Bergen Philharmonic Orchestra

Bergen Philharmonic Orchestra Review by Laura Bertoni

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Whether you are a regular classical concert-goer or not, you definitely should have been at Warwick Arts Centre last week to be swept away by Andrew Litton’s Bergen Philharmonic Orchestra.

The first piece, On the Mountain by Delius is a long symphonic poem defined by peaceful and relaxing passages which evokes an idyllic mountainous landscape. However, the audience’s attention is maintained by sharp contrasts; we are lulled into a romantic atmosphere by gentle and soft violins, and then dragged into a menacing score defined by dark and sombre cellos, double basses and energetic percussion.

The second piece, the Piano Concerto by Norwegian composer Grieg, featured Norway’s piano virtuoso Christian Ihle Hadland playing elegantly and with passion. The piano blended in gracefully with the orchestra at times, but also stood out in dazzling crescendos which convey all of Grieg’s lyricism.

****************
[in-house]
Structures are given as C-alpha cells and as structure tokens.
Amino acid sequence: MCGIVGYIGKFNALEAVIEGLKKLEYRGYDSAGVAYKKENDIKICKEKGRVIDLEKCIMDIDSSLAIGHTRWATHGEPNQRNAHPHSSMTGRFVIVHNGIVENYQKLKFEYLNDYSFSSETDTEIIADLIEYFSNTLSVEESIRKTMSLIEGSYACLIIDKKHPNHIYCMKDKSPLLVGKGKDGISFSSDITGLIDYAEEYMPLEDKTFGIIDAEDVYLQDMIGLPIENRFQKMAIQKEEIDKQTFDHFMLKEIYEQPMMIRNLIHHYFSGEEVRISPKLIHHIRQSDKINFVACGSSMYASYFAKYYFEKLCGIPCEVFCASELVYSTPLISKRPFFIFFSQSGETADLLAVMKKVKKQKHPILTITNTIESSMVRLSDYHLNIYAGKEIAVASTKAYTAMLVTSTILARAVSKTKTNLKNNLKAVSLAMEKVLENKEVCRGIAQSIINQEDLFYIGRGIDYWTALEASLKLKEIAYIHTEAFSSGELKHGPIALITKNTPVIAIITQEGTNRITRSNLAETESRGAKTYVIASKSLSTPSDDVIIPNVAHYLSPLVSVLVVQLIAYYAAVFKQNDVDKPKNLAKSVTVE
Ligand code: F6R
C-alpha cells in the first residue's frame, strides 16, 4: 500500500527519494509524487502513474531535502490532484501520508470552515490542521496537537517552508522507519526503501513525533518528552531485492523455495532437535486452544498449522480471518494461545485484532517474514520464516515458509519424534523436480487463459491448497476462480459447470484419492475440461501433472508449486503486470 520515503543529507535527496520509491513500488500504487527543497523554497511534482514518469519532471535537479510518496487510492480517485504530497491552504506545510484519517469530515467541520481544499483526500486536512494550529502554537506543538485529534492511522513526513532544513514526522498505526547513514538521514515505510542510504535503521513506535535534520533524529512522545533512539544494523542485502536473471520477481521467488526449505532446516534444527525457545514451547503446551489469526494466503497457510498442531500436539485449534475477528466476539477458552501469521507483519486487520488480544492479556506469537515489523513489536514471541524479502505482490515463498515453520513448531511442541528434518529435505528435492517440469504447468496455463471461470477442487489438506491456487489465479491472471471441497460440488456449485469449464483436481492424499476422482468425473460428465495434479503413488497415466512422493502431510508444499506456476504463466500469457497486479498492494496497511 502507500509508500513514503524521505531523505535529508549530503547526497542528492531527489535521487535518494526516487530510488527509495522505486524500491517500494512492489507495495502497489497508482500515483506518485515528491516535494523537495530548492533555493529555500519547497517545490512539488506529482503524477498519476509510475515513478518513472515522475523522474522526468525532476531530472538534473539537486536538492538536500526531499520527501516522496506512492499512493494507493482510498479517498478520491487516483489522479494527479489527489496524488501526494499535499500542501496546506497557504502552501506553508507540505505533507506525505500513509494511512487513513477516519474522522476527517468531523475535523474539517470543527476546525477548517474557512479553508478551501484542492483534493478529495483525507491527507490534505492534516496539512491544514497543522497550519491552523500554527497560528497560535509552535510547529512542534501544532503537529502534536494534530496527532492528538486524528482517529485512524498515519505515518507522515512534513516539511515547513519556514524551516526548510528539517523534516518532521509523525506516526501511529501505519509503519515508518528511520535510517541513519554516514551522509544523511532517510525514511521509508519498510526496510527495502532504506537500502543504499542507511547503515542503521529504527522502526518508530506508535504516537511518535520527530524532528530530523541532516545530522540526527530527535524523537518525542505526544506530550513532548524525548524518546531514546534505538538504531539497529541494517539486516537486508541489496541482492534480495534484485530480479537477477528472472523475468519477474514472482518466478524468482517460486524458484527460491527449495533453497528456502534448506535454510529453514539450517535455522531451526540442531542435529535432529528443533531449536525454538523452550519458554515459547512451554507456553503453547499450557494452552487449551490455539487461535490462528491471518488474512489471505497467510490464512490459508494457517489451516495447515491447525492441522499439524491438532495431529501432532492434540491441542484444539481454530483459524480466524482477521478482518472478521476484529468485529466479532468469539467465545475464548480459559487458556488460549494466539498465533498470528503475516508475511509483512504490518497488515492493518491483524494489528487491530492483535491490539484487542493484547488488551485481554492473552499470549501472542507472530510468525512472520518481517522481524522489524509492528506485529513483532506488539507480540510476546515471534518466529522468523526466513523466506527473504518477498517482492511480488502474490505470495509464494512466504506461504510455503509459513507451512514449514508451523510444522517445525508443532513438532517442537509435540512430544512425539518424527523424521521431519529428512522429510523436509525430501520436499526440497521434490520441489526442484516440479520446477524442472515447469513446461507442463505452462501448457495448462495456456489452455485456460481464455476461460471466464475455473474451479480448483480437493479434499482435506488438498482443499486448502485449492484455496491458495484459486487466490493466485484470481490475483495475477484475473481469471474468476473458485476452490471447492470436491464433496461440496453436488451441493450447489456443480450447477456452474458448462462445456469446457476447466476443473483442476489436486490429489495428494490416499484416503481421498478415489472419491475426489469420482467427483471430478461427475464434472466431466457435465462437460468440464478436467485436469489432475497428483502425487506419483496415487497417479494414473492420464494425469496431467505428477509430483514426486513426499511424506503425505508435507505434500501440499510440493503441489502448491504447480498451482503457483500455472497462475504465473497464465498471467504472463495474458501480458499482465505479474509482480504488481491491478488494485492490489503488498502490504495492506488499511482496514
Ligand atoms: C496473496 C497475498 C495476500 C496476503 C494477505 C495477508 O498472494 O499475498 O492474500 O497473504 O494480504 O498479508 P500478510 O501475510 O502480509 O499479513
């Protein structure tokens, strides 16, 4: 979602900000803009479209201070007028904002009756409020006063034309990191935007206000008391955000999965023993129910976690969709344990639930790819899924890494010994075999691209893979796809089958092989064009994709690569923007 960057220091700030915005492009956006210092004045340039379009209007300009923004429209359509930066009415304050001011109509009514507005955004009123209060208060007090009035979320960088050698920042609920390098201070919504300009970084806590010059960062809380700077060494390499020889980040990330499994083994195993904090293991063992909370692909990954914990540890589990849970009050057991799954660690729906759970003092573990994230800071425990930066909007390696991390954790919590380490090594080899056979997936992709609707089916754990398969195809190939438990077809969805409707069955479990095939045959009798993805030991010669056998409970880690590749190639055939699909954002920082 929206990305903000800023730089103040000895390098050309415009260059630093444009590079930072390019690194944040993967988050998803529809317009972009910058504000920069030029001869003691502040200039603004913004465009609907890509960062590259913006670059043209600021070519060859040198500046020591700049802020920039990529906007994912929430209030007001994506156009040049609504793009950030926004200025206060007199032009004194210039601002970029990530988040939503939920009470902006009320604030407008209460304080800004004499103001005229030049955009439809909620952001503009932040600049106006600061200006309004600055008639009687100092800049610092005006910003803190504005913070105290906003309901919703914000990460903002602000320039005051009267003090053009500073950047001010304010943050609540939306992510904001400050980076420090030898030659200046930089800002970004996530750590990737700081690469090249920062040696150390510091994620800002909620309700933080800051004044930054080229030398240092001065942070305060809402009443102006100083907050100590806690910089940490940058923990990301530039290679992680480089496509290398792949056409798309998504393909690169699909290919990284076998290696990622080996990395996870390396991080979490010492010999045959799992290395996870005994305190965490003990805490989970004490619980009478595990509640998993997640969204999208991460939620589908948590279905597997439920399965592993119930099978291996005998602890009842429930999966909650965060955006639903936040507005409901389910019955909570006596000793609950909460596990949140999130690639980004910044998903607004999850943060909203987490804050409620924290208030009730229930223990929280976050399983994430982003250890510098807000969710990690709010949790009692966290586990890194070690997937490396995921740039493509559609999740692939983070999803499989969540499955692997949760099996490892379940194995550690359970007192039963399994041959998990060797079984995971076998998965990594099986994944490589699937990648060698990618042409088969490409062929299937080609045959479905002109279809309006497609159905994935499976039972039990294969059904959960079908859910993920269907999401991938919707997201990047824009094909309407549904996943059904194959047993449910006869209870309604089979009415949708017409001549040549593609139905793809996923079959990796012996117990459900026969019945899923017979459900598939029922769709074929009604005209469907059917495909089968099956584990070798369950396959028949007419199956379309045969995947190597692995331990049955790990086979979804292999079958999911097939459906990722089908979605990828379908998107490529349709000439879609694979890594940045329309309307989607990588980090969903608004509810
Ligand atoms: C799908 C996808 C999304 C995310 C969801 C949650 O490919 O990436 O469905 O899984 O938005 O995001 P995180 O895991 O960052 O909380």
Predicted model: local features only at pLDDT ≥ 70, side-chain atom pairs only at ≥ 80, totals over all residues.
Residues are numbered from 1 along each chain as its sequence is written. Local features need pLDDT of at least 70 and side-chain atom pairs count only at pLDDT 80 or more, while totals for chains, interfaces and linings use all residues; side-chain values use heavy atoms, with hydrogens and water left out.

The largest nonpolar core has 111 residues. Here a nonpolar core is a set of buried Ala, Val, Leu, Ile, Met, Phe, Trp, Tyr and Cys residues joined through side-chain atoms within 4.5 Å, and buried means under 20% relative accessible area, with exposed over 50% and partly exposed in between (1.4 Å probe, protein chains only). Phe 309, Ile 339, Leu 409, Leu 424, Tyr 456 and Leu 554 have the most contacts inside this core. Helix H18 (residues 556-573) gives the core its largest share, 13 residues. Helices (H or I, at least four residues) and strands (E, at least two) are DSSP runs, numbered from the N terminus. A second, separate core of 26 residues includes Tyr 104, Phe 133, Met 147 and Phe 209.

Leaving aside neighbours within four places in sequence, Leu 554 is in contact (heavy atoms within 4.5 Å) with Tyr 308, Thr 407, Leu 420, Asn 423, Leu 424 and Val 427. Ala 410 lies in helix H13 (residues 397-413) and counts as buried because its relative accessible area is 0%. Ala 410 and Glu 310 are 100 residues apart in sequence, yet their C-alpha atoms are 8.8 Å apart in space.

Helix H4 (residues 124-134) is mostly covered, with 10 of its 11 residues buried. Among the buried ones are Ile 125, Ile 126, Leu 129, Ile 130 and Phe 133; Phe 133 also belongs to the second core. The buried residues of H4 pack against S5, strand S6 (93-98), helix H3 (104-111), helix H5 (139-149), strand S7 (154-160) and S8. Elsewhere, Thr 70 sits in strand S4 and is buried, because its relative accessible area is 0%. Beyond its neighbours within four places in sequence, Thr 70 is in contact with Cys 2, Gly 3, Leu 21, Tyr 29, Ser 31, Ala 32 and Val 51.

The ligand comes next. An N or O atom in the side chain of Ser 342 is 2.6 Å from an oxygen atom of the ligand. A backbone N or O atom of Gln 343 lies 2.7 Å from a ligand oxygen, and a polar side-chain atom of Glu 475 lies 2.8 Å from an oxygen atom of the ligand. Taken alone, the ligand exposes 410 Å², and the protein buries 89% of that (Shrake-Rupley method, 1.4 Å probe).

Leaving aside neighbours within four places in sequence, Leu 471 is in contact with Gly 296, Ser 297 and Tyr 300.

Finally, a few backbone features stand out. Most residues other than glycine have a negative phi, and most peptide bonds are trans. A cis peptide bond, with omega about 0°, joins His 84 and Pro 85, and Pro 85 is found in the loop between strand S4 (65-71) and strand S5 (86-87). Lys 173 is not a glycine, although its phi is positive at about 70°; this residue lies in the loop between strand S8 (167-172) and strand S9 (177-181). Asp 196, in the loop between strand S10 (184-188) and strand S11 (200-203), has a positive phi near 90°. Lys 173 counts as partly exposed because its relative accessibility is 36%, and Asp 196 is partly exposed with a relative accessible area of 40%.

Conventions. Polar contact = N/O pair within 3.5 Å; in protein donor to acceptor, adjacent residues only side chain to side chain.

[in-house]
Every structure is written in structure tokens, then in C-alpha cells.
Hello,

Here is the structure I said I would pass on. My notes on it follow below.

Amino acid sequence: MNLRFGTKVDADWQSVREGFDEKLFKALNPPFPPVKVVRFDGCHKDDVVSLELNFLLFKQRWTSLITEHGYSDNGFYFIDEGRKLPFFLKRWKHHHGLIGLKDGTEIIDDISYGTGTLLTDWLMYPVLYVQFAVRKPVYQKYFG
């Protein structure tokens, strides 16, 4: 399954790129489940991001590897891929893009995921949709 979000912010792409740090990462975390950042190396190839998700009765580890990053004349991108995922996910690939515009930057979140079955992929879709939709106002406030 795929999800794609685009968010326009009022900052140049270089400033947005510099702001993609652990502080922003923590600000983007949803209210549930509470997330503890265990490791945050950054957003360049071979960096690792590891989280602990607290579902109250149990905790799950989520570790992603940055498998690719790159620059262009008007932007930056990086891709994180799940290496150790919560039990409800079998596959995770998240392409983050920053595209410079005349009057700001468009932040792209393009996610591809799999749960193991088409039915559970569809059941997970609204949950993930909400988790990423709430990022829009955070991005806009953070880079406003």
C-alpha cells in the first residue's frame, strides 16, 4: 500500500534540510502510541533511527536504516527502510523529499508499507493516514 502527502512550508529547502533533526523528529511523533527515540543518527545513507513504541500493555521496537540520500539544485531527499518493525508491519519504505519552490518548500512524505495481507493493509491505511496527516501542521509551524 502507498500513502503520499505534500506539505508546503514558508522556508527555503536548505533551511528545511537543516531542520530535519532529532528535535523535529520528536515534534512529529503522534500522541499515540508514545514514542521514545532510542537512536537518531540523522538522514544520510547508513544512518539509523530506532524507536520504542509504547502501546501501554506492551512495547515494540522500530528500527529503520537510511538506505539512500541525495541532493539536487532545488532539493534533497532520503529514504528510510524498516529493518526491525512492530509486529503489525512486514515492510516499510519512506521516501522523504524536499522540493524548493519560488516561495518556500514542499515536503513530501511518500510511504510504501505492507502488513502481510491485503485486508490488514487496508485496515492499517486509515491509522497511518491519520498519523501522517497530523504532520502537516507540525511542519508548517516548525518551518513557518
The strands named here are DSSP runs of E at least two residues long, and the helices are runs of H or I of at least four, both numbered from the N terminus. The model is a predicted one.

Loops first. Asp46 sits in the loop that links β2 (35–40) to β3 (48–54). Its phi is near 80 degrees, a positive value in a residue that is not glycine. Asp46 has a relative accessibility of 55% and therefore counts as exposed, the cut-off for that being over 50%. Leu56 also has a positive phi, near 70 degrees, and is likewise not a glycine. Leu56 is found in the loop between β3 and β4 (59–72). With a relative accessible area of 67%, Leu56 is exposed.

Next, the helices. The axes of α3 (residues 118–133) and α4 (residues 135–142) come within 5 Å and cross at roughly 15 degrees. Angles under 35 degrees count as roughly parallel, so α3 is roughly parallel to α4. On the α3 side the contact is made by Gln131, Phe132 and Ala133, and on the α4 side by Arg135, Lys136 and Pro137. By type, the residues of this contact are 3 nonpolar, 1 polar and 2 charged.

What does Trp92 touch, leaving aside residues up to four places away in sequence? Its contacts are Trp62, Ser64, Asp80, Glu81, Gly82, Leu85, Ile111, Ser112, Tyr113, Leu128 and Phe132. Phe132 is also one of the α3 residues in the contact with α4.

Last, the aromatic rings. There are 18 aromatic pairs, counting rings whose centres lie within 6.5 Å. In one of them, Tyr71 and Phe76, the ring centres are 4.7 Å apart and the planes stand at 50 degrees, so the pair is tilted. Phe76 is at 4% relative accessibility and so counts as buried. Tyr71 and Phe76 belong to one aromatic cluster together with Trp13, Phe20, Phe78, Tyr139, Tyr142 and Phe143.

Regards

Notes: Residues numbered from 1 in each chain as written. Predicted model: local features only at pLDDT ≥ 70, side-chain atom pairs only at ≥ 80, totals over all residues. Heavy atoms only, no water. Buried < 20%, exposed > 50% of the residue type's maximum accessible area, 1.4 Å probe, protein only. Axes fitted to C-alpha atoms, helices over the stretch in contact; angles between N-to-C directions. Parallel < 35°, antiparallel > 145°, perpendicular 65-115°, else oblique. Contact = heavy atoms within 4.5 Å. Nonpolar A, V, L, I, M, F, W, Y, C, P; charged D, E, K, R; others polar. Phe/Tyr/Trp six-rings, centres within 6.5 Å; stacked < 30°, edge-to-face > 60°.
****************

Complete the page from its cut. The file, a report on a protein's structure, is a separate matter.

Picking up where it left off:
The concert continued with a piece by Strauss, Ein Heldenleben (A Hero’s Life), an impressive Romantic piece which narrates the story of an imaginary Hero. The first part portrays his multi-faceted personality through the wide range and number of instruments used and the following five pieces tell the story of the Hero’s hardships, reflected by noisy and disorderly battle music which culminates in a harmonious and collected piece with the English horn, symbolising his new-found peace.

The orchestra and its director were warmly applauded by the audience and they treated us to two encores; Touch her Soft Lips and part by William Walton and Benjamin Britten’s Tarantella.

The Concert Series offered by Warwick Arts Centre are a great way for students to get involved in classical music and approach a world perhaps yet unknown to you but which has many exciting moments to be discovered. Don’t miss the next concert, the Polish National Symphony Orchestra on Tue 26 Feb.

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